Theobroma cacao

Early reports of dermatitis in chocolate-makers were reviewed by Prosser White (1934). Gardiner (1922) reported six cases. Schwartz et al. (1957), Samitz (1950), Queries and Minor Notes (1921), Weber (1937), Key (1961) provide additional reports. Morris (1954) reported a positive patch test reaction to chocolate. Dermatitis in a chocolate factory and subsequent "hardening" were observed by Goldsmith and Hellier (1954). Greenberg and Lester (1954) reviewed reports of irritation by cocoa butter and considered it innocuous. Cocoa butter is considered to be a known allergen and is therefore removed from certain brandname cosmetics (Anon 1973).

Thespesia populnea
Polynesian Rosewood, Pacific Rosewood, Baru Baru, Baru Laut, Bebaru

This plant was listed as vesicant for the skin by Quisumbing (1951). The leaves are used for counter-irritant purposes.

Tilia spp.
Lime, Linden

The upper surfaces of the leaves are usually covered with honey-dew. Effects of aphids which produce honey-dew are note under Acer (fam. Aceraceae).

The pollen of some species has been suspected of causing hayfever (Wodehouse 1971).

Tilia americana L.
American Basswood, American Lime, American Linden, Amerikanische Linde

American lime or bass wood was included in a list of irritant plants and woods by Schwartz et al. (1947, 1957).

Triplochiton scleroxylon Schumann
(syn. Samba scleroxylon Roberty)

This species from West Africa forms a large tree from which a useful timber is derived. The timber is known as obeche or African whitewood. Other colloquial names include abachi, wawa, and samba. The wood was at one time sold in Liverpool as satinwood (Irvine 1961).

Bridge (1937) reported a case of asthma due to the sawdust, skin tests being positive to this wood and negative to other woods. Oehling (1963) described 3 cases of asthma from the wood, one also sensitive to Terminalia. Contact urticaria could be produced by rubbing obeche wood on the skin. Orsler (1973) received trade reports of asthma and general symptoms from the wood dust. Woods and Calnan (1976) received a personal communication of dermatitis from a lavatory seat made of the wood, with a positive patch test reaction. Hausen (1970) found no alkaloids or quinones in the wood. Hublet et al. (1972) and Oleffe et al. (1975) reported unspecified muco-cutaneous effects from the wood in Belgium. The wood seems to be less noxious than mansonia (Zafiropoulo et al. 1968).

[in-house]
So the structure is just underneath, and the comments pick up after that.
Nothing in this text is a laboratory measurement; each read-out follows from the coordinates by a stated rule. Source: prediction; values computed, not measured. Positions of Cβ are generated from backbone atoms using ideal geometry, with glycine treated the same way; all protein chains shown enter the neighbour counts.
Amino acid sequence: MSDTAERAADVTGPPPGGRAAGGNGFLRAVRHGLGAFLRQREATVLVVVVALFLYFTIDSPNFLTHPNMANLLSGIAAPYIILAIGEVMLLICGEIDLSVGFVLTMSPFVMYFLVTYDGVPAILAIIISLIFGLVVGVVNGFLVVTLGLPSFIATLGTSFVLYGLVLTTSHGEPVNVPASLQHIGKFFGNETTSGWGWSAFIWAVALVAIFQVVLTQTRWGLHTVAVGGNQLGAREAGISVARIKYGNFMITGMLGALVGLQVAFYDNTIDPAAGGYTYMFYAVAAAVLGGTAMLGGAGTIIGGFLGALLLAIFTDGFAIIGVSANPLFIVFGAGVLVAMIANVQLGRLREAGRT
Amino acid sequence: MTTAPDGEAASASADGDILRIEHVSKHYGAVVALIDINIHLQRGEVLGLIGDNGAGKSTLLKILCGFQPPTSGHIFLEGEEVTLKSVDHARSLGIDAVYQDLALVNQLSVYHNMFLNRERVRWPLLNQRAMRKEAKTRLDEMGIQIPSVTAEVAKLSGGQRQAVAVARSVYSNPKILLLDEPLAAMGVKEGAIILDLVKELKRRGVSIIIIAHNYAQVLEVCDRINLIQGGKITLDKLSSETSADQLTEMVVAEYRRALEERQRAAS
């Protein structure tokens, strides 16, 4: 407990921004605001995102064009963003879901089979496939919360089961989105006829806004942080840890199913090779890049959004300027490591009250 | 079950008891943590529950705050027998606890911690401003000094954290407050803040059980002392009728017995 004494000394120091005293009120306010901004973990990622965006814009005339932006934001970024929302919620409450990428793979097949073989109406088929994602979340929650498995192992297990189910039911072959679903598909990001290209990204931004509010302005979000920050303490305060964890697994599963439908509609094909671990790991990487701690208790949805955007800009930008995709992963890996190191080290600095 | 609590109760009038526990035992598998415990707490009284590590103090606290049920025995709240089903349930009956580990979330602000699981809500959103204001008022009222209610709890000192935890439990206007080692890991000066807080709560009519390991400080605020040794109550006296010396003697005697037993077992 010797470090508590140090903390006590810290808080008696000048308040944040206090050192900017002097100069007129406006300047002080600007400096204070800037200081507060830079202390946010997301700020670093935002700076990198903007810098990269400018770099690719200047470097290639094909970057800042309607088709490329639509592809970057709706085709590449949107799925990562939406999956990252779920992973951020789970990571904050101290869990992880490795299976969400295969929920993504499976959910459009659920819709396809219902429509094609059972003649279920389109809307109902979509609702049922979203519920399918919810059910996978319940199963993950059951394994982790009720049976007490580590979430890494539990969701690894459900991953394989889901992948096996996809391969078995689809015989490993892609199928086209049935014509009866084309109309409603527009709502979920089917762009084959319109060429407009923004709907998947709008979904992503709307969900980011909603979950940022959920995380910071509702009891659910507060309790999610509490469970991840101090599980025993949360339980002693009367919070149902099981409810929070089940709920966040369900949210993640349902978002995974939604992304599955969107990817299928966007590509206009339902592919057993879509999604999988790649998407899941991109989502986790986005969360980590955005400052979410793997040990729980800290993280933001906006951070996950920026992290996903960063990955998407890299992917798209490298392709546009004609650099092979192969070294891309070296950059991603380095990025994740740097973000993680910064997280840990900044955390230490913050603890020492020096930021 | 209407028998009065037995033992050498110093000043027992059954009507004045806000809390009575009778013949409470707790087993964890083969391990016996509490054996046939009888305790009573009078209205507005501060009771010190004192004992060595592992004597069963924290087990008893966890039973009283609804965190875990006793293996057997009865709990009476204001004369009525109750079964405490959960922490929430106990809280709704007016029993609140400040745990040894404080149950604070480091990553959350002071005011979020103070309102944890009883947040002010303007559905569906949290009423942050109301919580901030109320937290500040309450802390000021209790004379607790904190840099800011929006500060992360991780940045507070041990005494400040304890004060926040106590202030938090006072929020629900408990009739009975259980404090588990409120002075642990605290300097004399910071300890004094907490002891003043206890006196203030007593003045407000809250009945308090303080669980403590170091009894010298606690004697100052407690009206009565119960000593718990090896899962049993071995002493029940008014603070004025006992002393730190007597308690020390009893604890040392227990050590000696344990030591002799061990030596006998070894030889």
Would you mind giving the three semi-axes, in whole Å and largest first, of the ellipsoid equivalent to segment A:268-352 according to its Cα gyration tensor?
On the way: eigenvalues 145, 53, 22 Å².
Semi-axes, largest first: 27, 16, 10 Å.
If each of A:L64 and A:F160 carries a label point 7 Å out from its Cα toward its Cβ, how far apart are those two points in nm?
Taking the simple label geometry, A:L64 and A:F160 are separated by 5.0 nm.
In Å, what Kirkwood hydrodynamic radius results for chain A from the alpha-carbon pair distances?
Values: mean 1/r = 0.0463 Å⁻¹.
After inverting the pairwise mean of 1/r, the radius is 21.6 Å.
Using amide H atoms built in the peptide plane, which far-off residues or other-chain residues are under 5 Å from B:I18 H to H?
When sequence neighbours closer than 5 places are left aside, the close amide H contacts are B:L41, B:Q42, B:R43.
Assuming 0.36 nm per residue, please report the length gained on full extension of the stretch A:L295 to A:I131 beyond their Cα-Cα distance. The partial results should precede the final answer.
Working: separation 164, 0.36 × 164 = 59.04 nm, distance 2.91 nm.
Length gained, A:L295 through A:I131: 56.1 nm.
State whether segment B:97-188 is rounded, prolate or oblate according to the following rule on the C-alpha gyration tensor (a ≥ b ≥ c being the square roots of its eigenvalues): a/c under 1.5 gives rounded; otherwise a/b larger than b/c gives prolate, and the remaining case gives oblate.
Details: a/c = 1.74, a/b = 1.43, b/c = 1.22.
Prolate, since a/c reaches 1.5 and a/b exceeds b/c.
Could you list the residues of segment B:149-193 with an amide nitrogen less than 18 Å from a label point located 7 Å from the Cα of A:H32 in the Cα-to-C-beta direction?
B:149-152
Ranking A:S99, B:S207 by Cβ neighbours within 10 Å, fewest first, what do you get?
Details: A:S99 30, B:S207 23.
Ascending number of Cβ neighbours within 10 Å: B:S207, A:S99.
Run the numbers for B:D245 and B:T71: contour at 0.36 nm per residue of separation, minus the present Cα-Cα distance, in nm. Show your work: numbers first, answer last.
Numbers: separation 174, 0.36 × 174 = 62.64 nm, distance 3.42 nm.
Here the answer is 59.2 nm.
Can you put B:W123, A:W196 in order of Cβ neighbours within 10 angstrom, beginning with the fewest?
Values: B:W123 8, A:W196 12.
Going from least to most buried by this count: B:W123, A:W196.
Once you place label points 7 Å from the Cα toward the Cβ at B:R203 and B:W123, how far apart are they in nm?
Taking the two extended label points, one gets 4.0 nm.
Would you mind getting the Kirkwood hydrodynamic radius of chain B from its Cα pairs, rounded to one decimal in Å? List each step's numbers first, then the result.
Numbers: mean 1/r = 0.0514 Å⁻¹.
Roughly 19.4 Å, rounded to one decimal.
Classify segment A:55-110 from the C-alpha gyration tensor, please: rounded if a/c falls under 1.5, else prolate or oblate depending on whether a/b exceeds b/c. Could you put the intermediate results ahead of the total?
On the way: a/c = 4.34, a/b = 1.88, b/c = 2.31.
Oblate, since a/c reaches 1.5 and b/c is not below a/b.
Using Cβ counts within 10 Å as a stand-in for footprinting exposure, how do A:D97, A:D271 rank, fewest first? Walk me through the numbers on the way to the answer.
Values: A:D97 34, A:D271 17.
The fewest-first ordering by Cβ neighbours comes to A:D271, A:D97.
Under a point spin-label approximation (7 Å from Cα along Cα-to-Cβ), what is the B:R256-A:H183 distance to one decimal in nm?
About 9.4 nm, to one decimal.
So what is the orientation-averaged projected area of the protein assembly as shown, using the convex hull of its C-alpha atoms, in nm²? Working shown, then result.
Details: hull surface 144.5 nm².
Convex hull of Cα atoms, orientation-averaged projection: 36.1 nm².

Daniels et al. (2002) reported that a proprietary Wau Wa Cream made in Ghana, labelled as containing extract of wau wa root (this species) and being sold in the UK as a remedy for eczema, actually contained 0.013% clobetasol propionate, a semi-synthetic corticosteroid that is not known to occur naturally.


150 species are found in tropical regions. The fruits (burrs) possess hooked spines, which cling to the wool of sheep (Watt & Breyer-Brandwijk 1962).

Triumfetta rhomboidea

The seeds stick on touch to clothes and animal skin.

Triumfetta semitriloba Jacq.
(syns Triumfetta althaeoides Lam., Triumfetta oxyphylla DC., Triumfetta rubricaulis Kunth)
Burweed, Sacramento Burbark

This species can produce mechanical injury (Oakes and Butcher 1962).


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Richard J. Schmidt